It's a pretty undeveloped area, lots of farmland and tiny little towns that consist of one stop light and three stores. It was a nice, sunny day, so it was a good drive, made especially so because I got to drive past one of my favorite roads, Alert New London Road. It's not important enough for Google Maps to label at the zoom level I was using when I took this screenshot, but you can see it there. It's the road that connects the towns of Alert and Shandon. I like it because it sounds like an order: "Alert New London! The Indians are coming!"
|I must not be the only person who thinks it's a good name, as there's apparently a Columbus, Ohio, dream-pop band called Alert New London.|
The road's name's origins are pretty mundane, however. A lot of roads in this region (and I can't imagine this is an uncommon thing nationwide) are simply named for the two places they connect: Alert New London Rd., Cincinnati Brookville Rd., Okeana Drewersburg Rd., Hamilton Scipio Rd., Peoria Reily Rd., Reily Millville Rd., and so on.
This may seem like a boring naming scheme, but I will tell you as someone whose belief in his own sense of geography sometimes outstrips his actual abilities, these naming schemes sure could help you in the pre-smartphone era when you were driving around lost in the backroads of Butler County. I remember coming upon Oxford Middletown Road in the middle of the night and arbitrarily picking which way to turn on it, figuring that a 50% chance of ending up where I wanted to be (Oxford) was better than the minuscule chance I'd had up until that point.
A lot of these roads are the only remaining signs of the existence of the places they once connected. Scipio is a sort of nonplace on the Ohio-Indiana border, for example, one of those places Wikipedia calls an unincorporated community, and there's nothing to indicate any real town-ness other than that houses cluster there. As far as I can tell (admittedly just from an evening's electronic research), according to the book Thunder in the Heartland: A Chronicle of Outstanding Weather Events in Ohio, Scipio was destroyed in 1884 by a tornado:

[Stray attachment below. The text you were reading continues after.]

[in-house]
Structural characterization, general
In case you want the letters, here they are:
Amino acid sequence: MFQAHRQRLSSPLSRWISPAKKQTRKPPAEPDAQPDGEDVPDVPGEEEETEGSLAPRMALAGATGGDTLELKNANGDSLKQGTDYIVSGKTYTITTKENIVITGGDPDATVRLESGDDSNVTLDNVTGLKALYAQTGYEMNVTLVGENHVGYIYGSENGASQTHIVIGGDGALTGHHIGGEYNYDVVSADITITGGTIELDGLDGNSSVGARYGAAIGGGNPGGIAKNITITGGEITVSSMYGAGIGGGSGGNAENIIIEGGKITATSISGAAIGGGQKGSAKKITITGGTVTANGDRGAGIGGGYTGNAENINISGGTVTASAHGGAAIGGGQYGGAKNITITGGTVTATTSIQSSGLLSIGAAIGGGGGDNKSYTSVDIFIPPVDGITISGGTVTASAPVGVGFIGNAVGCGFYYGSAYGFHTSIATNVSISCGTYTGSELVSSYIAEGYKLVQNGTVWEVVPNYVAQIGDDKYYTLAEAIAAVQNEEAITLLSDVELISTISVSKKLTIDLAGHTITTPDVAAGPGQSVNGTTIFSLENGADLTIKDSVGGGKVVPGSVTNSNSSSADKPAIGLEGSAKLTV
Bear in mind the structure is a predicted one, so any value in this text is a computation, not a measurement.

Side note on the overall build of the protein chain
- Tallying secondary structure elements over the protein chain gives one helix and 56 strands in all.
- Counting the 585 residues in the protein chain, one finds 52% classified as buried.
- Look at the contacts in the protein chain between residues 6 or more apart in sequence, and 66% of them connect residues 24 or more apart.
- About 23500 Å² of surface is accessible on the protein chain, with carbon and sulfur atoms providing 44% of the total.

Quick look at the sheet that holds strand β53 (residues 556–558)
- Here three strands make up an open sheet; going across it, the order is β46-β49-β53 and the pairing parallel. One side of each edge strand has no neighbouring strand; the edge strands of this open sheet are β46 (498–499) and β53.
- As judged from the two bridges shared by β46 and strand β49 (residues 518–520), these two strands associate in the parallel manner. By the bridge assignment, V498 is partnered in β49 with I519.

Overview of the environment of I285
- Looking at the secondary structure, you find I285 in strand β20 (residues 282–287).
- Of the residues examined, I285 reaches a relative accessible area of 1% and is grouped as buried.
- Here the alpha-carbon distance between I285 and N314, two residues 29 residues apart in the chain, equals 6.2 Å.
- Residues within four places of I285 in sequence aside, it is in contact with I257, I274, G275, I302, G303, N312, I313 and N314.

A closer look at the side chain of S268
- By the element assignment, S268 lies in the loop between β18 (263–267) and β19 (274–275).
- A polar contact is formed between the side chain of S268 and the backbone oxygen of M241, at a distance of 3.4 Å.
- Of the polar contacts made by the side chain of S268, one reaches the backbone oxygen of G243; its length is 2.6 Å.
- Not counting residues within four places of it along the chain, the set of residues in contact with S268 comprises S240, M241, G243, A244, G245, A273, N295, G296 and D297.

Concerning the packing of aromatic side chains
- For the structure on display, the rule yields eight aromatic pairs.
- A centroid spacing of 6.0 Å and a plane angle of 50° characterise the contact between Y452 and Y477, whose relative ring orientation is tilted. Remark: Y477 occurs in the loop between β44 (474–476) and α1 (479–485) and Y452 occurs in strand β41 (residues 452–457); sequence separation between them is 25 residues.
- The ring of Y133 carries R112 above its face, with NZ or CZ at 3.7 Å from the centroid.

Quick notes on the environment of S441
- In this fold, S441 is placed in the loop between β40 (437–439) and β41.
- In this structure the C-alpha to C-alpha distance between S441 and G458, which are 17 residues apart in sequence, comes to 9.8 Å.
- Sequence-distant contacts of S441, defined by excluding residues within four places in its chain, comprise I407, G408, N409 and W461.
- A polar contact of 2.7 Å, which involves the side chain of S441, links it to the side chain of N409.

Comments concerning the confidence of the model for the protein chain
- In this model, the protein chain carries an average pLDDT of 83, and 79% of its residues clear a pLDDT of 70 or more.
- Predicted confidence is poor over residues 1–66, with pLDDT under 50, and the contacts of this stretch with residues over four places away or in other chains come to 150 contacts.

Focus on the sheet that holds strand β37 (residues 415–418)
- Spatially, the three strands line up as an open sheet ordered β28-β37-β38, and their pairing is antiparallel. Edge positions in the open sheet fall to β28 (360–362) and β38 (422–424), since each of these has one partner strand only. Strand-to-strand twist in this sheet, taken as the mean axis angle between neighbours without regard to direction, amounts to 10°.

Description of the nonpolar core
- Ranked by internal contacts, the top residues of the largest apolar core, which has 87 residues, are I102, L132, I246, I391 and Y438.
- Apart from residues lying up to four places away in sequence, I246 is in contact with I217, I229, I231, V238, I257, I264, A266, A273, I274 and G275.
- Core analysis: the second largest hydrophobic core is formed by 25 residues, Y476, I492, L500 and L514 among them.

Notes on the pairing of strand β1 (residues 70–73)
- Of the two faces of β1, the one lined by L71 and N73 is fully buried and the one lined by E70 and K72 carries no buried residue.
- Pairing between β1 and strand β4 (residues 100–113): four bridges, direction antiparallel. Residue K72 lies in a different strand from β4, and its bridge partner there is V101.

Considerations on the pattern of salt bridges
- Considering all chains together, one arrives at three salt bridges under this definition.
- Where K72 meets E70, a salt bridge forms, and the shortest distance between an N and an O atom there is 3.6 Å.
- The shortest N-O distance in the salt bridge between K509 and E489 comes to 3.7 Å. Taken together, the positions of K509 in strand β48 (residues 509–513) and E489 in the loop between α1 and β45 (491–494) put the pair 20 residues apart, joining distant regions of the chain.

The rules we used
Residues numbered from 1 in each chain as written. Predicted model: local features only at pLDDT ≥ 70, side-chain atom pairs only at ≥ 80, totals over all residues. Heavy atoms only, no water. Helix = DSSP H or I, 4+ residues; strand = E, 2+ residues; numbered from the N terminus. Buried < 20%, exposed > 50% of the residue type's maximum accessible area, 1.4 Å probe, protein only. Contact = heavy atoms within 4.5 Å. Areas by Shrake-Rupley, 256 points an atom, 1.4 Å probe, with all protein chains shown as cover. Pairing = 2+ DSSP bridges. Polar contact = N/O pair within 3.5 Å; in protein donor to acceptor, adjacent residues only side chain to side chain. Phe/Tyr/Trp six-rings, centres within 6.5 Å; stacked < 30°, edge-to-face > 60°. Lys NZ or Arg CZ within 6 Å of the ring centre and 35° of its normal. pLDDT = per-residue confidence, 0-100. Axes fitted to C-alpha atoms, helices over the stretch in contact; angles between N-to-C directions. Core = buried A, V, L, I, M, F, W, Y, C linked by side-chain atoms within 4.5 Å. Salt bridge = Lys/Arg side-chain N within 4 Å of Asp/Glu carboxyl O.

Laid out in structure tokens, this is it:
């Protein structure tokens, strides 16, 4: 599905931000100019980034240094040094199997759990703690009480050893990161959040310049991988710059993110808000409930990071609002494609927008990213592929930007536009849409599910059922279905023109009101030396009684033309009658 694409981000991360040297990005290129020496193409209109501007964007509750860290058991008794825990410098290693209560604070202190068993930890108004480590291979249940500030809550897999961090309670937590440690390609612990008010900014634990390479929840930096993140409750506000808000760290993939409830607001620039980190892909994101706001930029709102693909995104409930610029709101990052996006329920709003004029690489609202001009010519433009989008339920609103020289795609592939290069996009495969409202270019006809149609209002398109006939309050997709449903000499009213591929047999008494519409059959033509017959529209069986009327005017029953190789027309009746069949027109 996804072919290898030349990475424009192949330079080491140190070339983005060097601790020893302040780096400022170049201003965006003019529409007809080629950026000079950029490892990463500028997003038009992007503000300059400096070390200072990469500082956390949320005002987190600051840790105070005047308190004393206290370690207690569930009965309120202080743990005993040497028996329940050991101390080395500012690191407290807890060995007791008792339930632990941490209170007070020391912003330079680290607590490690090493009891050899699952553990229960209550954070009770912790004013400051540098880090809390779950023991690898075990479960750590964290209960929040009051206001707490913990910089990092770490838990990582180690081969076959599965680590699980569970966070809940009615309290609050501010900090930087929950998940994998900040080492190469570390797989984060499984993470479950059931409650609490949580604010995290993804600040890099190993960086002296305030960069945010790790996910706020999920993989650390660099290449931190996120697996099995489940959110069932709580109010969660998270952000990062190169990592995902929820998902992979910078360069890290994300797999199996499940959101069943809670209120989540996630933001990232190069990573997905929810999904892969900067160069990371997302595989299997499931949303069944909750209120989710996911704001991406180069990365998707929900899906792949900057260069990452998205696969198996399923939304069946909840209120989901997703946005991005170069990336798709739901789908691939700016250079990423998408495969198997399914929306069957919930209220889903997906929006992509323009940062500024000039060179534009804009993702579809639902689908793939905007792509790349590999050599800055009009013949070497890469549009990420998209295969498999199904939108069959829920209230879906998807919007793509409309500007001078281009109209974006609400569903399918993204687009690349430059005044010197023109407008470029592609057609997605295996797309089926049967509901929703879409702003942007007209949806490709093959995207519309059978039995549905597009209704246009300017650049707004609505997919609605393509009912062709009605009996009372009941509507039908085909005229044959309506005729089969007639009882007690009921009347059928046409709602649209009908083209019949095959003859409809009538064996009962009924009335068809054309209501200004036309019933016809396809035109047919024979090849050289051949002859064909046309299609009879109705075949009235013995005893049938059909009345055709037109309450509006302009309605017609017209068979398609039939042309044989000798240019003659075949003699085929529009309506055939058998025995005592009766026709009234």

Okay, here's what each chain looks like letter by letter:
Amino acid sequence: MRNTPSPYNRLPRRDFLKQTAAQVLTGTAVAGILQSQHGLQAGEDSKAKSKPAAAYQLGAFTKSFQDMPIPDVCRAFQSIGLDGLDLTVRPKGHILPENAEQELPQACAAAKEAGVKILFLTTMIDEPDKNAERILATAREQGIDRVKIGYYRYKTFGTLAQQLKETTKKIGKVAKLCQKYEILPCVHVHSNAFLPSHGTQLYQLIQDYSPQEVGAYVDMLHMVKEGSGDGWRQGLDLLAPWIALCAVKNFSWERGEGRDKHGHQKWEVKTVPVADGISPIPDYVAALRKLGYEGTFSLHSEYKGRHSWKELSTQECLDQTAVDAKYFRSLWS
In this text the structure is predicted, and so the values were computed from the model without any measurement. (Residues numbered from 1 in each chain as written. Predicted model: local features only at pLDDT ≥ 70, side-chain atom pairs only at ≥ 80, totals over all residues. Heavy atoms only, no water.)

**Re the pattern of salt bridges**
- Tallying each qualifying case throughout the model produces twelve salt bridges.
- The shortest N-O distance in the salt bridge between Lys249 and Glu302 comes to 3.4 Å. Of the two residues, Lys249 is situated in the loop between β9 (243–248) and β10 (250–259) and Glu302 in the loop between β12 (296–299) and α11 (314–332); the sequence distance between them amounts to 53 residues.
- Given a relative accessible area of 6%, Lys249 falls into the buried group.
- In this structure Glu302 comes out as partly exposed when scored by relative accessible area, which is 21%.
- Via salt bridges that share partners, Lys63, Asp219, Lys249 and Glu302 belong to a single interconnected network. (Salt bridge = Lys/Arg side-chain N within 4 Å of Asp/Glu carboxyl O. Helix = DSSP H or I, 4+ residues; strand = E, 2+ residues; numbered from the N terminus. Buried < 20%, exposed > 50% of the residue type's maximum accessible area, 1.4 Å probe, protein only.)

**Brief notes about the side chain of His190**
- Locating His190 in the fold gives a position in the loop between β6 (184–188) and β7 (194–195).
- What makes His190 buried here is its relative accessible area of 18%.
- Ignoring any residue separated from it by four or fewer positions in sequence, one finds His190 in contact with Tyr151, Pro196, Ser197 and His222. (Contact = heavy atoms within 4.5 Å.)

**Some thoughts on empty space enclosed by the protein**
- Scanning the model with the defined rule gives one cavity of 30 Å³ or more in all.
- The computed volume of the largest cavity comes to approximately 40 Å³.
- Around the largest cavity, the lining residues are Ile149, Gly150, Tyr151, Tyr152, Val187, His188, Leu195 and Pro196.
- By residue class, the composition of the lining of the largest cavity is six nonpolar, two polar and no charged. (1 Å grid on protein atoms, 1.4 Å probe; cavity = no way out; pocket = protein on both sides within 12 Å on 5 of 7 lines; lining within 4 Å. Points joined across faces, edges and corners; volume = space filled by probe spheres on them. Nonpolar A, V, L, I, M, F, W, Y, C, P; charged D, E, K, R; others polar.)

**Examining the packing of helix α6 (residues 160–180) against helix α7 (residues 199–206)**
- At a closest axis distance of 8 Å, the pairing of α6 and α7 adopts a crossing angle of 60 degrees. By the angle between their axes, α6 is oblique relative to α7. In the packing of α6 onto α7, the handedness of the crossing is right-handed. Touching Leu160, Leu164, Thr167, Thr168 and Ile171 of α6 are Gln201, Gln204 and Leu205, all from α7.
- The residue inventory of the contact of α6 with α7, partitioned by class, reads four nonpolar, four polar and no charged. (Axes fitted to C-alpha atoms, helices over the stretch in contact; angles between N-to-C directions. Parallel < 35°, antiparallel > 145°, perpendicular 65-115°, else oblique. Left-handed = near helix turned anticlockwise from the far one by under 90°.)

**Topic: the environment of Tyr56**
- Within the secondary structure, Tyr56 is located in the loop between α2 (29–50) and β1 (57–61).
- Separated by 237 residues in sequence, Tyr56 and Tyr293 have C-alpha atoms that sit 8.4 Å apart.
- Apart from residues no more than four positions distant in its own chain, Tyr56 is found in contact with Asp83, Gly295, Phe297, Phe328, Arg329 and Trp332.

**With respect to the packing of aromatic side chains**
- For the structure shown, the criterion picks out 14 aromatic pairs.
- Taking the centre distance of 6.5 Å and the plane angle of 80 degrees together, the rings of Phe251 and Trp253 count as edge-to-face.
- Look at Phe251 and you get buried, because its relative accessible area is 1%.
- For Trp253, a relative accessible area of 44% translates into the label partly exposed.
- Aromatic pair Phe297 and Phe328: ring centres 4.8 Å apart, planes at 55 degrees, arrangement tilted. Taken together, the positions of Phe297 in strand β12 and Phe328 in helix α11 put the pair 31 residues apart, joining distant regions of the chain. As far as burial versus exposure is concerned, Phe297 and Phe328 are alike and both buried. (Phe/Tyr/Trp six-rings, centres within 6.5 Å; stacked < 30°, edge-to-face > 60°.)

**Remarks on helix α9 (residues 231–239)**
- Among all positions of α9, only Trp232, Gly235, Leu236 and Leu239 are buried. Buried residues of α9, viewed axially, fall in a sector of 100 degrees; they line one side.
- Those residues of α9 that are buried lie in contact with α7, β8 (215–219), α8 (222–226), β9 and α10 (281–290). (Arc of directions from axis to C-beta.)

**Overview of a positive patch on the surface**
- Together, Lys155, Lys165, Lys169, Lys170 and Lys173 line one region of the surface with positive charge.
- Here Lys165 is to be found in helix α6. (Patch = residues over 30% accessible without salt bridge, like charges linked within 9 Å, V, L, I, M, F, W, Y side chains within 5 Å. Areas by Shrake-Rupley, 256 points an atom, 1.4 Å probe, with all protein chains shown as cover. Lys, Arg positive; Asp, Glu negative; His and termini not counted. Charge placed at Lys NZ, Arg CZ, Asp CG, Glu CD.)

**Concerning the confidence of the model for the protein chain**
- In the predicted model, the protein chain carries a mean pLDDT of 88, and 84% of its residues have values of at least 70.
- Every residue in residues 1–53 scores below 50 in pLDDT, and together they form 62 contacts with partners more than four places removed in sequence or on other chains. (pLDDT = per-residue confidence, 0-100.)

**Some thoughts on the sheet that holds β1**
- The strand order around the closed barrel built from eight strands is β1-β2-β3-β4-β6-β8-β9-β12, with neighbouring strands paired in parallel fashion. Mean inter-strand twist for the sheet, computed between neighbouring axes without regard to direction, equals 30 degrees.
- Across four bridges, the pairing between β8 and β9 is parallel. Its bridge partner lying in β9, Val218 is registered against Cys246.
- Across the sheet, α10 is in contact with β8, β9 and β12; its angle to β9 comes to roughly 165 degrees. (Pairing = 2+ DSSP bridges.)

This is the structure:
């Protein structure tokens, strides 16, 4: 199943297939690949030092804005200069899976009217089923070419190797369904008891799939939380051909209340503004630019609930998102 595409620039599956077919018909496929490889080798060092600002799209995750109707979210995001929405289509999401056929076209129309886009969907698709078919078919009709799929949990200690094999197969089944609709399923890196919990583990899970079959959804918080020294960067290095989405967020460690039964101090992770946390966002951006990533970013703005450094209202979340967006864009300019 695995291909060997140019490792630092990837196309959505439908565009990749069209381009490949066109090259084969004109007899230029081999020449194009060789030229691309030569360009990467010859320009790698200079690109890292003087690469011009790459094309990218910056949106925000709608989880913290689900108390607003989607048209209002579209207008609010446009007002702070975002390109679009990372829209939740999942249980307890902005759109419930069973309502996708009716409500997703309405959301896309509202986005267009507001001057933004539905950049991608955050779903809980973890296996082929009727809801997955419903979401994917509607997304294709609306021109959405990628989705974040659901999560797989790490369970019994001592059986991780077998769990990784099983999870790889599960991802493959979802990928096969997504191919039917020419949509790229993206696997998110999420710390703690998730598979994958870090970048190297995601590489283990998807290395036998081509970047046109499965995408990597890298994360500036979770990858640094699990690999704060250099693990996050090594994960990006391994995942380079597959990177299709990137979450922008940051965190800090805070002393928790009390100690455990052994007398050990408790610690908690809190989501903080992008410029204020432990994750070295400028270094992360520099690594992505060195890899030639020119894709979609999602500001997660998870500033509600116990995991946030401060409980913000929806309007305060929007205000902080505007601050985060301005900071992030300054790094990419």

to have had the most names, having also been known as Paddy's Run, Vaughan's Crossing, Glendower, Cambria, and Bagdad. The locals, who were Welsh, wanted the post office to be called New London, but the postmaster general called it Paddy's Run after a local stream, but the locals found being called "Paddies" offensive. Hence all the fluctuations as they tried to settle on something everyone could accept. (At one point the citizens boycotted the post office to get their way.) Things were apparently finally stabilized in 1906, when the U.S. Board on Geographic Names issued the following ruling:
Now, I've known of New London, Ohio, for at least twelve years, but looking at the map today, the first time doing so after eight years of being a Connecticut resident, what immediately jumped out at me was the juxtaposition of New London and New Haven, which are of course both major cities in Connecticut. Northern Ohio was originally the "Western Reserve" of Connecticut: could my adoptive state have also influenced the southwest corner of my birth state?
The answer is mixed. New Haven, Ohio, an unincorporated community now surrounded by the Miami Whitewater Forest, a county park, was definitely named in honor of Connecticut. It was founded in 1815 by Joab Comstock, a native of New Haven, Connecticut, and the first frame house was built in 1826. By 1894, it had a population of 200; now its population is almost 600. Comstock apparently liked founding villages, because he had also founded nearby Crosby in 1801, which was named after his wife's maiden name. New Haven's location was picked because it was at the intersection of the Cincinnati-New Baltimore highway and the Hammond-Lawrenceburg road. I guess those last three places were much more important in 1815 than they are in 2016, because I don't think there's much to be got out of being at their intersection today.
The appearance of a New London, Ohio, in 1803, twelve years prior to the founding of New Haven, Ohio, seems to be a complete coincidence. Even though the two Ohio towns, some four miles apart, both share names with prominent Connecticut cities, some fifty miles apart, I can find no indication that the naming of New London, Ohio, has anything to do with New London, Connecticut. The settlers of New London, Ohio, were predominantly from Wales (hence one of its many names, Glendower), and though I don't know why the Welsh might have wanted to name a city after London, England, I feel they had even less reason to name one after New London, Connecticut.
The influence of Connecticut on the parts of Ohio outside of the old Western Reserve seems to have been pretty limited after all. So the very supposition that launched me on this investigation turns out to have no basis in reality, though I have learned a lot about the area of Ohio I once called home. Seriously, now I want to drive back up to Shandon and look at its Old Welsh Cemetery!